Urinary Calcium Excretion During Ketoacidosis of Prolonged
By JACQUELINEGARNETT, E. S. GARNETT, R. J. MARDELL AND D. L. BARNARD Calcium excretion was measured in five grossly obese patients during periods of total starvation of up to 14 weeks. Throughout the starve, all of the patients excreted considerable amounts of calcium and the mean daily calcium loss amounted to as much as 560 mg. There was no association between the urinary calcium
and the urinary sodium, except when sodium was administered. It is suggested that the calcium lost was derived from a labile bone pool, but this was of only minor importance in combating the metabolic acidosis. (Metabolism 19: No. 7, July, 502-508, 1970)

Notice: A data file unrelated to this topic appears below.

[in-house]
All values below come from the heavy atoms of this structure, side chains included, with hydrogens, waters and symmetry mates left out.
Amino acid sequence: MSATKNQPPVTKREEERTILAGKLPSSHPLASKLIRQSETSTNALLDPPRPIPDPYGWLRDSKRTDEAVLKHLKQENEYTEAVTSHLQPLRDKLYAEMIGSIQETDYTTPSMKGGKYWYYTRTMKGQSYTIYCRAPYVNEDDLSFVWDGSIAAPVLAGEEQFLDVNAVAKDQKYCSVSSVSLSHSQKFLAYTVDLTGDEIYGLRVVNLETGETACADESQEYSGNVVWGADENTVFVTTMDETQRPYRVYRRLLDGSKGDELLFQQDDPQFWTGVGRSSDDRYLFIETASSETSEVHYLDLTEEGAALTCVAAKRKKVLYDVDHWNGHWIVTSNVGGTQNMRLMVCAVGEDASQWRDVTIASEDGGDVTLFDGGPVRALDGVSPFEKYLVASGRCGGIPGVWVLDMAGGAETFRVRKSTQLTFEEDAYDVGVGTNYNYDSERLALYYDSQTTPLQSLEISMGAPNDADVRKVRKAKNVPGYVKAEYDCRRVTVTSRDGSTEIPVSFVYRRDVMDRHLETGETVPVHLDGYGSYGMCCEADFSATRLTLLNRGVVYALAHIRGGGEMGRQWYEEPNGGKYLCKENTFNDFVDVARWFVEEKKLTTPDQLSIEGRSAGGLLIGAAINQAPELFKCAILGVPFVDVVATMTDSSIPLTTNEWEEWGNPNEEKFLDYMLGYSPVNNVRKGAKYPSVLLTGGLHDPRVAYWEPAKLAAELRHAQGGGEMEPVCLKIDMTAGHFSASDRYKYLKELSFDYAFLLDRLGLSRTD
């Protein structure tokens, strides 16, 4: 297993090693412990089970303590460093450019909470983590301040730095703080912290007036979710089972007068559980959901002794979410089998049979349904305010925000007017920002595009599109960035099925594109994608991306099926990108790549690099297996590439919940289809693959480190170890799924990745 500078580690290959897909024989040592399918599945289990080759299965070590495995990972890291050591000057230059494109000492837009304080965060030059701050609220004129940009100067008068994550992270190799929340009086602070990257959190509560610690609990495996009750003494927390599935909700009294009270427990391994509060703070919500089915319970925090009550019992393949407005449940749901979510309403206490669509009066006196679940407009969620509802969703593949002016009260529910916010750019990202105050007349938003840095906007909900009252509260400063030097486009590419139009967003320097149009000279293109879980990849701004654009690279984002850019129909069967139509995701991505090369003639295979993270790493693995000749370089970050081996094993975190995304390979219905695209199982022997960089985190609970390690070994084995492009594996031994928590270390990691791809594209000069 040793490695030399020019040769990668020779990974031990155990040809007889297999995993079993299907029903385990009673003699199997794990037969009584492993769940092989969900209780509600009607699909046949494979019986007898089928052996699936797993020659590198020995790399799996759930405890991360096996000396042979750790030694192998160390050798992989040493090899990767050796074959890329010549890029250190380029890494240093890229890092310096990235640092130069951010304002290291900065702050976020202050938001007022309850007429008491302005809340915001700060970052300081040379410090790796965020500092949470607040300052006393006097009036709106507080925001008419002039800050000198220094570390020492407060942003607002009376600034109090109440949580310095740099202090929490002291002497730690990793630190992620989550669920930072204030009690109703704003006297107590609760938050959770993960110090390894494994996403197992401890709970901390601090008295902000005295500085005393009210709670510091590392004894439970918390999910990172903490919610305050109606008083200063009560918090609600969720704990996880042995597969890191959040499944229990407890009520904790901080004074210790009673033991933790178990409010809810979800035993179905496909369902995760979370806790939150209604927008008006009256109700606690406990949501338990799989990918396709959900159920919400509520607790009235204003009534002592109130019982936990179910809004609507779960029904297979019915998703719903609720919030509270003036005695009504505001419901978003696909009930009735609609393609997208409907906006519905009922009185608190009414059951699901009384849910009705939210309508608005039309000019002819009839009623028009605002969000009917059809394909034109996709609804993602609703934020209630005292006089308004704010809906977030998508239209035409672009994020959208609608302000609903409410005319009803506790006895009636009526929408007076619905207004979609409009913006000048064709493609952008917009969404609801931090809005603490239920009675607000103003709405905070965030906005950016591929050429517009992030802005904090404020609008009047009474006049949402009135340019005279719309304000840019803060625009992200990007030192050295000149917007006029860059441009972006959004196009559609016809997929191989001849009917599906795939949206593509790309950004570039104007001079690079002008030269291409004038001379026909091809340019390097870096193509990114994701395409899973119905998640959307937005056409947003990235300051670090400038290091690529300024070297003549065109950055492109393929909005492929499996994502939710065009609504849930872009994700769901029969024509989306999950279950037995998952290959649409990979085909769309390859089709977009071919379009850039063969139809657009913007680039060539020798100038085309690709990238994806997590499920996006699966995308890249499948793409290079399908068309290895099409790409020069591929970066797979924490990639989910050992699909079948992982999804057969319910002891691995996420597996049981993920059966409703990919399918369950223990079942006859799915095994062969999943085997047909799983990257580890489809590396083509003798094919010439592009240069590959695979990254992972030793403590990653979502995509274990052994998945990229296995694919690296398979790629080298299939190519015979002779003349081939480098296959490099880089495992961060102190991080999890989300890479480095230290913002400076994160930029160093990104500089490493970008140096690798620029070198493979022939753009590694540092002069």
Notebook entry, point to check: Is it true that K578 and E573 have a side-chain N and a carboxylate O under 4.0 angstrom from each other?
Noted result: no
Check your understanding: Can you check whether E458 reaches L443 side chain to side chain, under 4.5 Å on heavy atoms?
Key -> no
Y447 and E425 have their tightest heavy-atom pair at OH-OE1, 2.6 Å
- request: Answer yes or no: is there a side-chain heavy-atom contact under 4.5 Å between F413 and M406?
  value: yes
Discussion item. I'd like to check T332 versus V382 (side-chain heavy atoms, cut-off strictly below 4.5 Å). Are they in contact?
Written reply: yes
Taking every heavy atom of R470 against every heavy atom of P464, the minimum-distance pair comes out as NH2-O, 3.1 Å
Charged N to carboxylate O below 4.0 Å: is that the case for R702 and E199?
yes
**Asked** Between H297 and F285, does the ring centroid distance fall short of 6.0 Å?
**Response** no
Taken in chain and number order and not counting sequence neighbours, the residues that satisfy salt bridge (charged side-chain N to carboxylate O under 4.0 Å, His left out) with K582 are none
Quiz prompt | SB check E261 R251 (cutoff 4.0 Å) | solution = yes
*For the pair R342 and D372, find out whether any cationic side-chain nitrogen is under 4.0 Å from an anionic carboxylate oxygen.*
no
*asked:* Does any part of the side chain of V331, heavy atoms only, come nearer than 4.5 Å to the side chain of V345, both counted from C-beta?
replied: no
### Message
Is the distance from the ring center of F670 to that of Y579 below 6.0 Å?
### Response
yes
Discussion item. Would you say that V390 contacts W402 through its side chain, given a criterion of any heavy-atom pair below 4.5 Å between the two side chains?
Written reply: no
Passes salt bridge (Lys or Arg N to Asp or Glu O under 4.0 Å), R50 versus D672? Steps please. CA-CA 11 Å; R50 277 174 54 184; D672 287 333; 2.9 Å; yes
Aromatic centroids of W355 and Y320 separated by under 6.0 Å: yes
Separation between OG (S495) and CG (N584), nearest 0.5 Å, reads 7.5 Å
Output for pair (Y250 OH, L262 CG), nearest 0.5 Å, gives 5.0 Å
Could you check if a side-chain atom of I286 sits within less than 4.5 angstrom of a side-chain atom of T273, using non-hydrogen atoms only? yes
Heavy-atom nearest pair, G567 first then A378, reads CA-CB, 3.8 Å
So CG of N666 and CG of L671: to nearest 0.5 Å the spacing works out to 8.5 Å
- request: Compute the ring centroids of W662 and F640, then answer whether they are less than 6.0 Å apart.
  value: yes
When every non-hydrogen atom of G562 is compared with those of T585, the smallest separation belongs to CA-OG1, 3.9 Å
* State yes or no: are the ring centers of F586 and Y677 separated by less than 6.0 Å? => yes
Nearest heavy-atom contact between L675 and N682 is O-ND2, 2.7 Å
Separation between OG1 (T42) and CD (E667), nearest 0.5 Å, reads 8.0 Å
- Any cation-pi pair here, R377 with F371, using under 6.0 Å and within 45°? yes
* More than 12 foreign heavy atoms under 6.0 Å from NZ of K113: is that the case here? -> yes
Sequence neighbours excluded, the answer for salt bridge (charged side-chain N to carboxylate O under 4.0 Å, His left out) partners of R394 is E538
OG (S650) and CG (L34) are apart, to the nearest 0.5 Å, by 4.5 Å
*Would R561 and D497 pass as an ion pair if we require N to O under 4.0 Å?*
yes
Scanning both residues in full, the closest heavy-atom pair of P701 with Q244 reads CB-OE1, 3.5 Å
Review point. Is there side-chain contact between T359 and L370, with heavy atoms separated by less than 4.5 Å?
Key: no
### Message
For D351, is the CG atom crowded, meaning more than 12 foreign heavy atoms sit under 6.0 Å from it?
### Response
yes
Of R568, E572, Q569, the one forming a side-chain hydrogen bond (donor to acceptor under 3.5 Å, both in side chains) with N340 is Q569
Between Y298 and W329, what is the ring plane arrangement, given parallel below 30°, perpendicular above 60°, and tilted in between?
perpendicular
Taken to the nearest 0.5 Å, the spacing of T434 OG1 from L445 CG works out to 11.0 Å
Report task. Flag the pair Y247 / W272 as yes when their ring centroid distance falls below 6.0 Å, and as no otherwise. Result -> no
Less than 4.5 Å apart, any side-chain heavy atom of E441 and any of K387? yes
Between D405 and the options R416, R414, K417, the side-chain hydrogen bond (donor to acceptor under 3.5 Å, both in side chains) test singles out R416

USTAINED NONRENAL METABOLIC ACIDOSIS is uncommon but may occur during prolonged drainage of a pancreatic fistula or in some cases of chronic diarrhoea. It may also be produced by the administration of ammonium chloride. During starvation ketoacidosis develops within two days and persists so long as fasting continues. In this study, changes in calcium “balance” have been followed during the ketoacidosis of total starvation for periods of up to fourteen weeks. MATERIALS AND METHODS One man and four women were studied. Their ages ranged from 21 to 57 years. All were grossly obese with initial weights ranging from 104 to 130 Kg. Apart from obesity, no other abnormalities were found on clinical examination, and biochemical tests of pituitary, adrenal, thyroid and pancreatic function were normal. The patients were studied in a metabolic ward and were ambulant throughout the starve. Their fluid intake was restricted and consisted of tap water, containing 7.0 mg. calcium/100 ml., black tea, black coffee, and salt-free marmite made with tap water. The calcium content of the tap water was checked weekly and was constant. Supplements of vitamin A, B complex and C were given throughout the starve, together with allopurinol (zyloprim) and iron supplements. Urine was collected in 24-hour lots, acidified and deep frozen. Feces were not collected during the starve since patients passed only small amounts of fluid stool about once a week. Urinary calcium and urinary sodium were measured daily using a Unicam SP/90 atomic absorption spectrophotometer. Urinary phosphate was also measured daily using the method of Baginski and Zak.1 Urinary pH and ketone bodies were measured on the second urine passed each day, using narrow range papers and Acetest tablets. Urinary ammonium was measured weekly in all of the patients by a modification of Berthelot’s pheno/hypochiorite From the Department of Nuclear Medicine, McMaster University, Hamilton, Canada. Received for publication February 16, 1970. JACQUELINE GARNETT, MB., B.S.: Clinical Fellow, McMaster University, Hamilton, Canada. E. S. GARNETT, M.B., M.R.C.P. (LoND.), M.R.C.P. (EDIN.): Director, Nuclear Medicine; Associate Professor, Medicine and Radiology, McMaster University, Hamilton, Canada. R. .I. MARDELL, B.Sc.: Biochemist, Wessex Regional Department of Nuclear Medicine, General Hospital, Southampton, England. D. L. BARNARD, B.A., B.M., BCH.: Senior House Physician, General Hospital, Southampton, England.